Ch09-var.J.o.rtm: Calculates asymptotic variance of significant call fraction,...

Description Usage Arguments Details Value Author(s) References See Also Examples

Description

A function which computes the asymptotic variance of the proportion of significant calls, J_N/N.

Usage

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  var.J.o.rtm(x, groups, effect.size, n.sample, r.1, FDR, N.tests, control)

Arguments

x

Calls to this function can be made either specifying the single argument, x, which is an object of class "pwr" returned from the function, pwrFDR or by a full call specification, by specifying all the arguments required by the function pwrFDR (see below)

groups

The number of experimental groups to compare. Default value is 2.

effect.size

The effect size (mean over standard deviation) for test statistics having non-zero means. Assumed to be a constant (in magnitude) over non-zero mean test statistics.

n.sample

The number of experimental replicates. Required for calculation of average.power or L.power.

r.1

The proportion of simultaneous tests that are non-centrally located

FDR

the false discovery rate.

N.tests

The number of simultaneous tests.

control

Optionally, a list with components with the following components: 'groups', used when distop=3 (F-dist), specifying number of groups. 'version', used only in the 'JL' method, choice 0 gives the 'JL' version as published, whereas choice 1 replaces the FDR with r.0*FDR resulting in the infinite simultaneous tests limiting average power, which is the 'Iz' version, but this is redundant because you can specify the 'Iz' method to use this option. 'tol' is a convergence criterion used in iterative methods which is set to 1e-8 by default 'max.iter' is an iteration limit, set to 1000 by default 'distop', specifying the distribution family of the central and non-centrally located sub-populations. =1 gives normal (2 groups) =2 gives t- (2 groups) and =3 gives F- (2+ groups) 'CS', correlation structure, for use only with 'method="simulation"' which will simulate m simulatenous tests with correlations 'rho' in blocks of size 'n.WC'. Specify as list CS = list(rho=0.80, n.WC=50) for example

Details

The proportion of significant calls, J_m/m, i.e., the proportion of all hypothesis tests declared significant by the Benjamini-Hochberg procedure is shown in the cited publication to be root-m consistent and asymptotically normal i.e.

m^1/2 ( J_m/m - gamma ) –D–> N(0, tau^2)

which is to say that the distribution of J_m/m is spiked about its mean, gamma, and the width dies off as 1/m^1/2. This is of interest in its own right, and is also needed as an intermediate in the calculation of the asymptotic variance of the empirical average power, S_m/M_m. The normal approximation for this latter quantity can be used to power multiple testing experiments on a lower quantile of the empirical mean rather than on its expected value. The width of this distribution is non-negligible for as many as 200 simultaneous tests, where the average power could be 80% but the lower quantile of the empirical average power could be as low as 50%.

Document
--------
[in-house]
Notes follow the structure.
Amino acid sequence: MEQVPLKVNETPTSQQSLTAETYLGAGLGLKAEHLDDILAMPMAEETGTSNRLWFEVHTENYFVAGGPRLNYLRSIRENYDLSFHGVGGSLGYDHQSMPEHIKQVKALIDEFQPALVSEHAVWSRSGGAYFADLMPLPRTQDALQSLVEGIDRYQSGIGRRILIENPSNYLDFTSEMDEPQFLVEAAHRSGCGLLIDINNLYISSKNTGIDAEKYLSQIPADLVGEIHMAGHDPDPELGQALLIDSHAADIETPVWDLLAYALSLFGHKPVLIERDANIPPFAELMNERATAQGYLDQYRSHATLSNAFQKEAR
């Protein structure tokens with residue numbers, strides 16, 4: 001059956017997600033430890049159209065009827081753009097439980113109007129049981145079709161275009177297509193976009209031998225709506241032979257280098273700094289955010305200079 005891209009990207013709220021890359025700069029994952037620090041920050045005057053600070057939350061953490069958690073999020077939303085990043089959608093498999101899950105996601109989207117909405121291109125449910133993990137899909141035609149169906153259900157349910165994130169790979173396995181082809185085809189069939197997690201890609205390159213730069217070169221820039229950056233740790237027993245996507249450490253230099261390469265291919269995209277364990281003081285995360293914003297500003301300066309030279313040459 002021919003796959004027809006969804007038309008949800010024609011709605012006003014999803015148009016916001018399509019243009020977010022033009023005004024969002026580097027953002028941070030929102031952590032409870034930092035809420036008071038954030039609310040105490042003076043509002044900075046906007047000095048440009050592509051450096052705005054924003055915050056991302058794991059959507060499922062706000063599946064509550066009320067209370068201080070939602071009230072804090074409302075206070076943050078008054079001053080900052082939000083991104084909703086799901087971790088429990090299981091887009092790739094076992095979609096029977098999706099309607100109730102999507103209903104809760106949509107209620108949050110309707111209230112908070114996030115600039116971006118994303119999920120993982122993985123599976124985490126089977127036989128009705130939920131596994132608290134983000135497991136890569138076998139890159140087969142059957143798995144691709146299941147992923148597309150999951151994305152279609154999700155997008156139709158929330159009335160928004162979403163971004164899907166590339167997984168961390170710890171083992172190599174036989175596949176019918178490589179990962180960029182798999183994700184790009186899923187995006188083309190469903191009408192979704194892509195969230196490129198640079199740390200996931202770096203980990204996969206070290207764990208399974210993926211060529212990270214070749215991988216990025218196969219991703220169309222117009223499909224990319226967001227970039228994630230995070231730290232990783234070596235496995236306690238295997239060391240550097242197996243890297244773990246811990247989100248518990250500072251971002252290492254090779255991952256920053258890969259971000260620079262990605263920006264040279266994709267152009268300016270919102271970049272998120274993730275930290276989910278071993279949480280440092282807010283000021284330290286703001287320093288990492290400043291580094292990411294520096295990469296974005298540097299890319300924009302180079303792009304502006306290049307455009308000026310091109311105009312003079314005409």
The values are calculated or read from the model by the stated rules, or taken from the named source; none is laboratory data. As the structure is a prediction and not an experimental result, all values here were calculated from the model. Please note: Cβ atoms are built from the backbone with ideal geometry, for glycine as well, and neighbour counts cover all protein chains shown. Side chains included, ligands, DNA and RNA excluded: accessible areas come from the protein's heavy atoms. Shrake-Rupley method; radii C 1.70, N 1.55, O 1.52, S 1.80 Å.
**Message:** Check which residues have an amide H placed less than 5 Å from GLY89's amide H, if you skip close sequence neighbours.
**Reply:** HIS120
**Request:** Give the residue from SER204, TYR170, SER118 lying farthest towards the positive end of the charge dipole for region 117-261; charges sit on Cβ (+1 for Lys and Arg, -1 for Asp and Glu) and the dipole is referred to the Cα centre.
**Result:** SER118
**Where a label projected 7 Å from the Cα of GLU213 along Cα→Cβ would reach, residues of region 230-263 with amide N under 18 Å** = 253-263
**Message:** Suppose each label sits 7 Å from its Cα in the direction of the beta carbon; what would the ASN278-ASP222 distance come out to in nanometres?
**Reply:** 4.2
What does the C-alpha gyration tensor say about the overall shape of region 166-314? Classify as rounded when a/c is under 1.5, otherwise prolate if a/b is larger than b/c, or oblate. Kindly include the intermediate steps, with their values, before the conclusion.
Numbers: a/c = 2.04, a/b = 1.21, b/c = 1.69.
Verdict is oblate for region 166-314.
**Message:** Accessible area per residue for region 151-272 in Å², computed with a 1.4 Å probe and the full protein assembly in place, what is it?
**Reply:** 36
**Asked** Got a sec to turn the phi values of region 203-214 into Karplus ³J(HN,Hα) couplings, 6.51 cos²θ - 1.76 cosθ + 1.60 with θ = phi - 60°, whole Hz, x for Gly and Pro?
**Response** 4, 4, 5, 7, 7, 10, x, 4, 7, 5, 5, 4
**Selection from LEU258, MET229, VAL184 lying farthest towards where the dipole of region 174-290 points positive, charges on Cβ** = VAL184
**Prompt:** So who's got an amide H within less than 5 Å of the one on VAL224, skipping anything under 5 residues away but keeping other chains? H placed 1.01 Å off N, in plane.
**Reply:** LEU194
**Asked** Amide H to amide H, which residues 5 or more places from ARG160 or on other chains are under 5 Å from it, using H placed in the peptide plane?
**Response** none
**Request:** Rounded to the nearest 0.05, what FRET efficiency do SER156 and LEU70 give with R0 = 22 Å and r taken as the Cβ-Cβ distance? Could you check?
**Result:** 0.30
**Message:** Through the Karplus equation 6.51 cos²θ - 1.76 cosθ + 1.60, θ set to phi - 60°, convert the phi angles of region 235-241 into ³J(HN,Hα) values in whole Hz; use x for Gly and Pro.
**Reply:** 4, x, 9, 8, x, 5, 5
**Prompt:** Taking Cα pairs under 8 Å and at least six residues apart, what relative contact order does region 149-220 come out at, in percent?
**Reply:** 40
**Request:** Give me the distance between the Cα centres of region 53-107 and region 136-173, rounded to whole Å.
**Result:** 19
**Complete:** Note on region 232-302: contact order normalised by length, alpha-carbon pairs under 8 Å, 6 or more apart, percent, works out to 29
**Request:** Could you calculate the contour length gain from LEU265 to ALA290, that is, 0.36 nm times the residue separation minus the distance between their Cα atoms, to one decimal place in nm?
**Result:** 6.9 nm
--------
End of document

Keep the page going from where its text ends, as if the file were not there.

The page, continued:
Value

Returns a value of class vvv, containing components

var.J.o.rtm

The computed asymptotic variance

power

The average power

gamma

The expected proportion of significant calls

c.g

The 'q-value', which is the value of the criterion on the scale of the statistic (t of given number of 2 n - 2 degrees of freedom) which can be used as a per test criterion resulting in the equivalent Benjamini-Hochberg procedure

call

The call which produced the result

Author(s)

Grant Izmirlian <izmirlig at mail dot nih dot gov>

References

Izmirlian G. (2017) Average Power and λ-power in Multiple Testing Scenarios when the Benjamini-Hochberg False Discovery Rate Procedure is Used. arXiv:1801.03989

See Also

var.rtm.SoM var.rtm.ToJ

Examples

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  ## call using result of pwrFDR 
  rslt.Iz <- pwrFDR(effect.size=0.79, n.sample=46, r.1=2000/54675, FDR=0.15)
  vJ <- var.J.o.rtm(rslt.Iz)

  ## call via argument list specification
  vJ <- var.J.o.rtm(effect.size=0.79, n.sample=46, r.1=2000/54675, FDR=0.15)

pwrFDR documentation built on May 2, 2019, 7:53 a.m.